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    Double Dare: October 1986 - March 1991
    Super Sloppy Double Dare: February 1988 - September 1989
    Family Double Dare (FOX): April 1988 - July 1988
    Family Double Dare (Nickelodeon): August 1990 - May 1993
    Double Dare 2000: February 2000 - January 2001
Hosts: Marc Summers (1986-1993), Jason Harris (2000-1)
Announcers: John Harvey ("Harvey") (1986-1992), Doc Holiday (1992-1993); Tiffany Phillips (2000-1) (Thanks to Matt Howard for supplying the DD2K announcer's name.)
Produced by: Geoffrey Darby, Michael Klinghoffer, Phil Silberburg

Front Game Rules (Non-family versions)

Marc going over the rulesMarc Summers gave the rules better than I ever will:

    "I'm going to ask you a question, and if you don't know the answer or think the other team hasn't got a clue, you can Dare them to answer it for double the dollars. But, be careful, because they can always Double Dare you back for four times the amount, and then you either have to answer the question or take the Physical Challenge."

One of the many physical challenges Each round began with both teams (of two kids) taking part in a toss-up challenge. The first team to complete it won $20 in Round One or $40 in Round Two and received control of the game. Summers would then ask a question worth $10/$20. The team could Dare their opponents to answer for $20/$40, at which point the other team could Double Dare for $40/$80. If the team didn't know the answer, they would have to take a Physical Challenge also worth $40/$80. An incorrect answer meant that the other team got control (and on a Dare or Double Dare, they got the money too). After two rounds of play, whoever had the most money won the game.

Front Game Rules (Family Double Dare/DD 2000)

A physical challenge from DD 2000Two families of four competed. Dollar values were $25/$50 first off, $50/$100 on a Dare and $100/$200 on a Double Dare or Physical Challenge. Round One Challenges used two family members while Round Two Challenges used all four. In the current version, a family can take the "Triple Dare Challenge" which makes the Challenge tougher. If successful, the family won $300 and a bonus prize; otherwise it went to the other team.

End Game Rules (All versions)

Someone running the DD 2000 Obstacle CourseSomeone running the original Obstacle CourseThe winning team took part in an 8-stage obstacle course (often dubbed as the "messiest minute on television"). Each team member alternated duties, and the team had 60 seconds to clear as many obstacles as possible. For each obstacle, a flag had to be retrieved and passed along to the next teammate. Each flag that was picked up won a prize, increasing in value as the course went along. The eighth flag won the grand prize, usually a trip or (in the FOX family version) a car.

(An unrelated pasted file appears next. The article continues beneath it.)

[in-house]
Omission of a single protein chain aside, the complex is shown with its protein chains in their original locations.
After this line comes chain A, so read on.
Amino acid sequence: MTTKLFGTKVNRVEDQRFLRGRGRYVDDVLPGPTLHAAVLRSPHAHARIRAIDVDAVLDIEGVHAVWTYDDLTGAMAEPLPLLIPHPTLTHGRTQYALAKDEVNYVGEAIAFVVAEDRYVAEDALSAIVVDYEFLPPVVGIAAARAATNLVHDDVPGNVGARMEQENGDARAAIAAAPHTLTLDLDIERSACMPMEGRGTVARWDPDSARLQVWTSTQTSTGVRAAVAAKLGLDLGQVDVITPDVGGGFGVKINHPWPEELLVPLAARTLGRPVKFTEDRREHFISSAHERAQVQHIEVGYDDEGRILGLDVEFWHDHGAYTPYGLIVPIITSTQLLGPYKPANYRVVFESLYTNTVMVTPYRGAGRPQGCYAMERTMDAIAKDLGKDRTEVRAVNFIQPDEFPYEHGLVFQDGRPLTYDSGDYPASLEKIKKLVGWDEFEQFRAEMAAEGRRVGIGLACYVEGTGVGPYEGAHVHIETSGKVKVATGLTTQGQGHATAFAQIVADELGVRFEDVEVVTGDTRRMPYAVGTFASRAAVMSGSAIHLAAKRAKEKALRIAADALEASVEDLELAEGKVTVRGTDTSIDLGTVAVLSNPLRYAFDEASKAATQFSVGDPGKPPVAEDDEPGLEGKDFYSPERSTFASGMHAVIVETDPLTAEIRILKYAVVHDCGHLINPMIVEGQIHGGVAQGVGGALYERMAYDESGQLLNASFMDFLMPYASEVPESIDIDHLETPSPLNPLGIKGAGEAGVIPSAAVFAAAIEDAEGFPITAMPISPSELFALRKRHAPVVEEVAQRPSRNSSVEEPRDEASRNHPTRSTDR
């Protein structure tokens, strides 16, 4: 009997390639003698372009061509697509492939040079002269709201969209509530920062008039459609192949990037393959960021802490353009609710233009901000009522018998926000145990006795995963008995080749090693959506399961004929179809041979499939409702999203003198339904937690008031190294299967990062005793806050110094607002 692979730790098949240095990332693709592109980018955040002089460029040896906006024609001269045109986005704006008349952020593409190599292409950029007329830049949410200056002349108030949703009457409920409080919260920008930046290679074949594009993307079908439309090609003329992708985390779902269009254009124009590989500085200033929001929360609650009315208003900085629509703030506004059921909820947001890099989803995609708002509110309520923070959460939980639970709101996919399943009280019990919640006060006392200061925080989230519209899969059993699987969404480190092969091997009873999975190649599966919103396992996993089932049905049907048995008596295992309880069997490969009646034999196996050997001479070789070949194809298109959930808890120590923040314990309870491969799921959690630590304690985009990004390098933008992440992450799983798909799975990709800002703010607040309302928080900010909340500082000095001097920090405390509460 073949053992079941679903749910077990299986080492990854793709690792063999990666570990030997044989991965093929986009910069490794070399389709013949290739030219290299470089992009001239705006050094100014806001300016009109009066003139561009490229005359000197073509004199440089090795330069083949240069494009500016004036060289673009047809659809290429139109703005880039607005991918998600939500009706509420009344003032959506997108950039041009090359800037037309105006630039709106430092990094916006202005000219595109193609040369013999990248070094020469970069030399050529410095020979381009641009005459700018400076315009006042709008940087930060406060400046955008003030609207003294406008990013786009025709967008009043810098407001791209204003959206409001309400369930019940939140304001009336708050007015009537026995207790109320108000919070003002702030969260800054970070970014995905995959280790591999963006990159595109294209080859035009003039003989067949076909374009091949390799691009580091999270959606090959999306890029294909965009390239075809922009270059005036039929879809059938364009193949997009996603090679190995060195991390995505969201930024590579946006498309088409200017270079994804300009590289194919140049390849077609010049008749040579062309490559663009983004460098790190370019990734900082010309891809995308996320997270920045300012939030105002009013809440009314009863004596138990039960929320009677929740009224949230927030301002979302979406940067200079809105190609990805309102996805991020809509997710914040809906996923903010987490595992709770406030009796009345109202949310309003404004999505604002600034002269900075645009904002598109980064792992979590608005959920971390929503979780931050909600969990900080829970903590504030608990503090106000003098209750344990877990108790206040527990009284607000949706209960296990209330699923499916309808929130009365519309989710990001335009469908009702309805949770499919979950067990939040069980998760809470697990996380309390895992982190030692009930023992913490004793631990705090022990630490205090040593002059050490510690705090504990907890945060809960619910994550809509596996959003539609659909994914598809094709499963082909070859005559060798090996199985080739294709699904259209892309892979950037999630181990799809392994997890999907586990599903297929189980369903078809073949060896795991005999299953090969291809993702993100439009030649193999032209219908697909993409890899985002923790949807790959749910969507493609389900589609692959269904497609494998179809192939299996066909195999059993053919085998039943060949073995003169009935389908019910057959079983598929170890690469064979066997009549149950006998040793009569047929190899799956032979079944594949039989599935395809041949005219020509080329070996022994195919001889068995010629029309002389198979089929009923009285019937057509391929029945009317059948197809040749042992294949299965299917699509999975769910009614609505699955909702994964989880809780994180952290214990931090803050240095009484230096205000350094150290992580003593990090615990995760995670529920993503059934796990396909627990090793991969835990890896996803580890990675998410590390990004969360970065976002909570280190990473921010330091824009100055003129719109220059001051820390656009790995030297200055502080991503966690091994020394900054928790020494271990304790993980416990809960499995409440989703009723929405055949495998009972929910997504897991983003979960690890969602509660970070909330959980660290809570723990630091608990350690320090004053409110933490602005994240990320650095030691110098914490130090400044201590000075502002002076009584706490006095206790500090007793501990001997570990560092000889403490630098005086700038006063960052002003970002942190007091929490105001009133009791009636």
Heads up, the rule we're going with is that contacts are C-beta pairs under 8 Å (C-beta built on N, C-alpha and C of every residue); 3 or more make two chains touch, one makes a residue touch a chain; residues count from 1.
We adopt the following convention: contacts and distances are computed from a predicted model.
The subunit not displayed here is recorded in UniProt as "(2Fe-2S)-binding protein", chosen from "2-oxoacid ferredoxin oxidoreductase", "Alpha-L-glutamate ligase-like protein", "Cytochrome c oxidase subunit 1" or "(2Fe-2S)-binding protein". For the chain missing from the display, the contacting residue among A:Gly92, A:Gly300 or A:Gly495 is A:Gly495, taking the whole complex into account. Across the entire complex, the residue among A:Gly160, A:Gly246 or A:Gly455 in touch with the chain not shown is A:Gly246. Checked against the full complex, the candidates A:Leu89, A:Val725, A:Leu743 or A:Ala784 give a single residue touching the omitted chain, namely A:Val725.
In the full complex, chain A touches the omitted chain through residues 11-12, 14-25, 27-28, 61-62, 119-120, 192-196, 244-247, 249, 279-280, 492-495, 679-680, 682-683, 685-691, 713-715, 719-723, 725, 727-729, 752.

The infamous Sundae SlideAmong the most famous obstacles during the show's 15-year history is the "One-Ton Human Hamster Wheel," in which one player ran up a wheel to try and bring down a boxing glove which held the flag; "The Wringer", in which one player jumped through a pair of rollers and down a ramp (often coated with some messy substance referred to as "Gak"); and the dreaded "Sundae Slide", where a player tried to climb up a ramp coated with chocolate syrup and then down a slide into more Gak. The Sundae Slide often accounted for the demise of many Obstacle Course campaigns; as Summers put it in a home video about the show: "Once your foot gets into the chocolate pudding, you're dead meat."

In a twist of irony, Marc Summers, host of one of the messiest shows in television, is afflicted with Obsessive-Compulsive Disorder. Summers gives speeches across the country on how to cope with this condition.

In FDD's final year, the show had a Tournament of Champions, which pitted a team of "Brains" (the team who answered the most questions during the front game) against one of "Brawn" (the family with the fastest Obstacle Course time).

Loogaroo Looks it Over

This show deserves the title of "classic" simply because it stayed on for such a long period of time. Kids' game shows are kinda tricky to pull off, because in order to keep the same number of people watching, you're always having to bring people in as older kids grow out of the show. Adding a Family concept to the show was a mixed blessing; it opened the door to better prizes and added more of a family feel to the show, but it also slowed down the gameplay. Marc Summers is a terrific host; he never acted like some fake hip-dude like J.D. Roth or Phil Moore, but then again he didn't have to. And the Obstacle Course has got to be one of the greatest endgames in the genre. The rotation of obstacles gave the show a TPIR-like variety, and it got quite exciting when a team reached that last obstacle with 6 seconds to go. I can only hope that the current version doesn't fall prey to the next potboiler Klasky-Csupo dreams up.

Double Dare (Original and Super Sloppy versions)

Gameplay: 3 pts.
Host: 3 pts.
Presentation: 1 pt.
Execution: 2 pts.
Total Score: 9 pts.

Family Double Dare

Gameplay: 2 pts.
Host: 3 pts.
Presentation: 2 pts.
Execution: 1 pt.
Total Score: 8 pts.

Double Dare 2000

Gameplay: 3 pts.
Host: 2 pts.
Presentation: 2 pts.
Execution: 2 pts.
Total Score: 9 pts.

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